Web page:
This Tip is provided by our British Explorer, Alex Taylor.
One of La Paz’ highlights is the Flea Market. A brilliant place to go on either Thursday or Sunday every week.
Firstly, to get up to the flea market you must take a taxi (depending on where you are in the city) to the red cable car. There are three different coloured cable cars, so be sure to take the correct one. Once at the cable car you pay 5 Bolivianos for a return ticket and off you go. The journey takes around 15 mins and climbs out of La Paz to a sister town/city called El Alto; apparently one of the most up and coming areas in Bolivia. When in the cable car the views are amazing right across La Paz and to the snow-capped mountain beyond.
Also on route to the flea market you pass over a giant grave yard where people aren’t buried underground, they are piled high on top of each other in ‘above earth coffins’. The thing is in this particular graveyard you have to rent your place so it’s like funding a second home and with poverty being rife across Bolivia it’s sometimes hard to continually pay for your loved one’s place in the graveyard. Another amazing sight from the cable car is the remnants of a taxi that is wedged into the cliff face you see when approaching the top; you have to see it to believe it. Apparently the drivers body, or what’s left of it, still remains in the vehicle.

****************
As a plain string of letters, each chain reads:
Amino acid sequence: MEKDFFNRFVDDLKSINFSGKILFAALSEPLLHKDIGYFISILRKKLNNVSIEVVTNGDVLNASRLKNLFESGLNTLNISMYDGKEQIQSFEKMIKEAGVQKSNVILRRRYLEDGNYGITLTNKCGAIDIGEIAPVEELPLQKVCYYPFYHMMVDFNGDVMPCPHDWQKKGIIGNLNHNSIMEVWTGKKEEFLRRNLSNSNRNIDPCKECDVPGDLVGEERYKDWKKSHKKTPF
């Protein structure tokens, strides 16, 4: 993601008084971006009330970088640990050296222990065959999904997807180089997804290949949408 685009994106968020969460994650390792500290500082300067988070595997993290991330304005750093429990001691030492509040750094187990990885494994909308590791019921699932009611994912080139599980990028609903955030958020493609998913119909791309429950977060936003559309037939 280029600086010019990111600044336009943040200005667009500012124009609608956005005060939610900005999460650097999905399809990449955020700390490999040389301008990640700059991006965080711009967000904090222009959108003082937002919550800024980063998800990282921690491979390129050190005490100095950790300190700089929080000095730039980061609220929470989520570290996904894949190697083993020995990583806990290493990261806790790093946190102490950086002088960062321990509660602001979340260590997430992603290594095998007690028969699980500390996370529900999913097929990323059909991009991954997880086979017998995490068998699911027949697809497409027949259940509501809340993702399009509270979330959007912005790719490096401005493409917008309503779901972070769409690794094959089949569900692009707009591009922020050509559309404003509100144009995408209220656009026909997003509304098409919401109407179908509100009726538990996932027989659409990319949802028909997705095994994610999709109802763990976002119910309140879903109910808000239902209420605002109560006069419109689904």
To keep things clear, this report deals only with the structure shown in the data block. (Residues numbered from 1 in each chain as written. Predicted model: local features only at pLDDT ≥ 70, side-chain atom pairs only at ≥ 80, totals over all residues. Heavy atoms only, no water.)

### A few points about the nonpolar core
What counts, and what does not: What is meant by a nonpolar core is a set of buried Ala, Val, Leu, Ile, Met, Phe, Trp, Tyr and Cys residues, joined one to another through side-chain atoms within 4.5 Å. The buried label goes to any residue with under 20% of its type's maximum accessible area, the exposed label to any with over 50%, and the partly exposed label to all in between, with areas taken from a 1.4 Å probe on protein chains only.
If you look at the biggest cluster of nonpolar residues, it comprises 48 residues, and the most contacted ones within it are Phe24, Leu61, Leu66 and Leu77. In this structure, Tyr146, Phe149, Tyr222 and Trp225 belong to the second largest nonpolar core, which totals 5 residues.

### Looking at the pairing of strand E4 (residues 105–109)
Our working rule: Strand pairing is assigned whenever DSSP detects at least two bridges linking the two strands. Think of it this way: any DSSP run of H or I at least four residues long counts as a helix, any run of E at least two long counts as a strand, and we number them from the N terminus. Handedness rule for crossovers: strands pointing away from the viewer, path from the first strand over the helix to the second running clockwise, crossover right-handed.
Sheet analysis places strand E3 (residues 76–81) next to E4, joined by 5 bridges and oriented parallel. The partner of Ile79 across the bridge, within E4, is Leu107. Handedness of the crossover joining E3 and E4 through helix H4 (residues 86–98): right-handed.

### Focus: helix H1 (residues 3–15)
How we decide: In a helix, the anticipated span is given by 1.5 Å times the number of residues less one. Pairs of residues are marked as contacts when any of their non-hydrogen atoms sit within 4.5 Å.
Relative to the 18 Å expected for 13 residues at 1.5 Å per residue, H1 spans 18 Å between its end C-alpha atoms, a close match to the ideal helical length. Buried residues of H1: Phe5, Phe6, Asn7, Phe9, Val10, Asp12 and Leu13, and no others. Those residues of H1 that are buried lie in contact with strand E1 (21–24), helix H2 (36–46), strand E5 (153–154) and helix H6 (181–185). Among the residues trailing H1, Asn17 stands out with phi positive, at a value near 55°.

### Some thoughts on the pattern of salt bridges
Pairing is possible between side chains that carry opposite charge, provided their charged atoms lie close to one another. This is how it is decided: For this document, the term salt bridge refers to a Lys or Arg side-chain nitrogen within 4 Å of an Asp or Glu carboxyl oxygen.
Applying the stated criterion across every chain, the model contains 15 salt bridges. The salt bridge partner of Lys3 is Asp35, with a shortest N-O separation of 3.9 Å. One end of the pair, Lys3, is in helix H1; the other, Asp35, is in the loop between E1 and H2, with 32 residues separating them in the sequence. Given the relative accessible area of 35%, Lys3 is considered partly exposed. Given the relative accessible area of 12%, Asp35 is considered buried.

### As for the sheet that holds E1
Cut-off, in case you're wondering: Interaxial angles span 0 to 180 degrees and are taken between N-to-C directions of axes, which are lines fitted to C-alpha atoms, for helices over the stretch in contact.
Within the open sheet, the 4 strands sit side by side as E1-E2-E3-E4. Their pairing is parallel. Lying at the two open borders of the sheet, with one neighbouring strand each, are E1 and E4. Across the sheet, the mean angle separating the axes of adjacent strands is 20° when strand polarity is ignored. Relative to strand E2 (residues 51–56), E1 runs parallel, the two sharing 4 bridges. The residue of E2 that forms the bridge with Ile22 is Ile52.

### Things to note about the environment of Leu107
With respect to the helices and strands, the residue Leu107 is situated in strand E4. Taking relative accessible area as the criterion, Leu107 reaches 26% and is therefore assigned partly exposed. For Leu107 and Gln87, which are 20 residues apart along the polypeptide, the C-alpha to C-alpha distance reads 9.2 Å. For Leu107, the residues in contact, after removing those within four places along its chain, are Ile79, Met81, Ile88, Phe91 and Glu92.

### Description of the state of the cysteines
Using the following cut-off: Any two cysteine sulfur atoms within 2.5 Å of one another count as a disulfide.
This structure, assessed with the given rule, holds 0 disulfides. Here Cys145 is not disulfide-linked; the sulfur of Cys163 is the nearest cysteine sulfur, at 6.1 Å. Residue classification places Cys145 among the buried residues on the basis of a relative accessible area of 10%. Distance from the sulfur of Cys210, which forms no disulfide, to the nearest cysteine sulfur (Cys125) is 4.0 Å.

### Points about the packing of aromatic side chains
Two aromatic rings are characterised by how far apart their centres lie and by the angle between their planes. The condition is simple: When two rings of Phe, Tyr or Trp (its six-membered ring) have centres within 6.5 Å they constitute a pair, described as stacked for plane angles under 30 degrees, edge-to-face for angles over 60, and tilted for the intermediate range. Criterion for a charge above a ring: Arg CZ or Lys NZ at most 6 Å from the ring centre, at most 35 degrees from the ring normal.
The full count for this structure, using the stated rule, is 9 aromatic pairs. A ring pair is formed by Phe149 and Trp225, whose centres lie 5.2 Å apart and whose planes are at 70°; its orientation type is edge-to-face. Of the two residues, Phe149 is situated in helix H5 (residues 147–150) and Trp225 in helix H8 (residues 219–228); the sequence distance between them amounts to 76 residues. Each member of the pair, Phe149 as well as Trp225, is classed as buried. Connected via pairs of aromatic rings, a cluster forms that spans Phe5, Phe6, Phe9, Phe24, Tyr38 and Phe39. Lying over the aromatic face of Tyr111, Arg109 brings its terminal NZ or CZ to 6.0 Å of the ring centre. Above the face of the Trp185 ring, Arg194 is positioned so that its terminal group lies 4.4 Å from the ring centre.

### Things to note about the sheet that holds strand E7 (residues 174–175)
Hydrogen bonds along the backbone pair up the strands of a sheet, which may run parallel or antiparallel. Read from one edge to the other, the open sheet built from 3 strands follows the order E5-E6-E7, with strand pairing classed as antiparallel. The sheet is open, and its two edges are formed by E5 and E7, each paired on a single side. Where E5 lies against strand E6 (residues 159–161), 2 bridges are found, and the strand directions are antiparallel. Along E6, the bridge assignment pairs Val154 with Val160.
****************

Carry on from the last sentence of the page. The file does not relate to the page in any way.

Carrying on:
Once at the top of the cable you are greeted with masses of people and masses of stalls selling everything you could ever imagine. If you’re running low on underwear; get a fresh set here. If you need a fancy dress outfit; get it here. I personally went to market 4 times but the first time was the best. We searched high and low for bargains (everything was a bargain). I found a Ralph Lauren navy shirt (looks real) and it cost 70 Cents (USD). Some striped green and red Christmas pants cost around 50 Cents and of course, essentials are cheap too. If you want to go all out, you can buy some slightly different items, like a puppy for just $30 USD…
A few words of warning to people visiting the flea market: one, allow yourself a full afternoon to look round, there are hundreds of stalls and you wouldn’t want to miss anything and two, take as little valuables as possible with you; the area is a pickpocket hotspot. Finally, don’t try the local food up there unless you have a strong stomach or your body is acclimatized to South American delicacies… you’ll regret it the next day!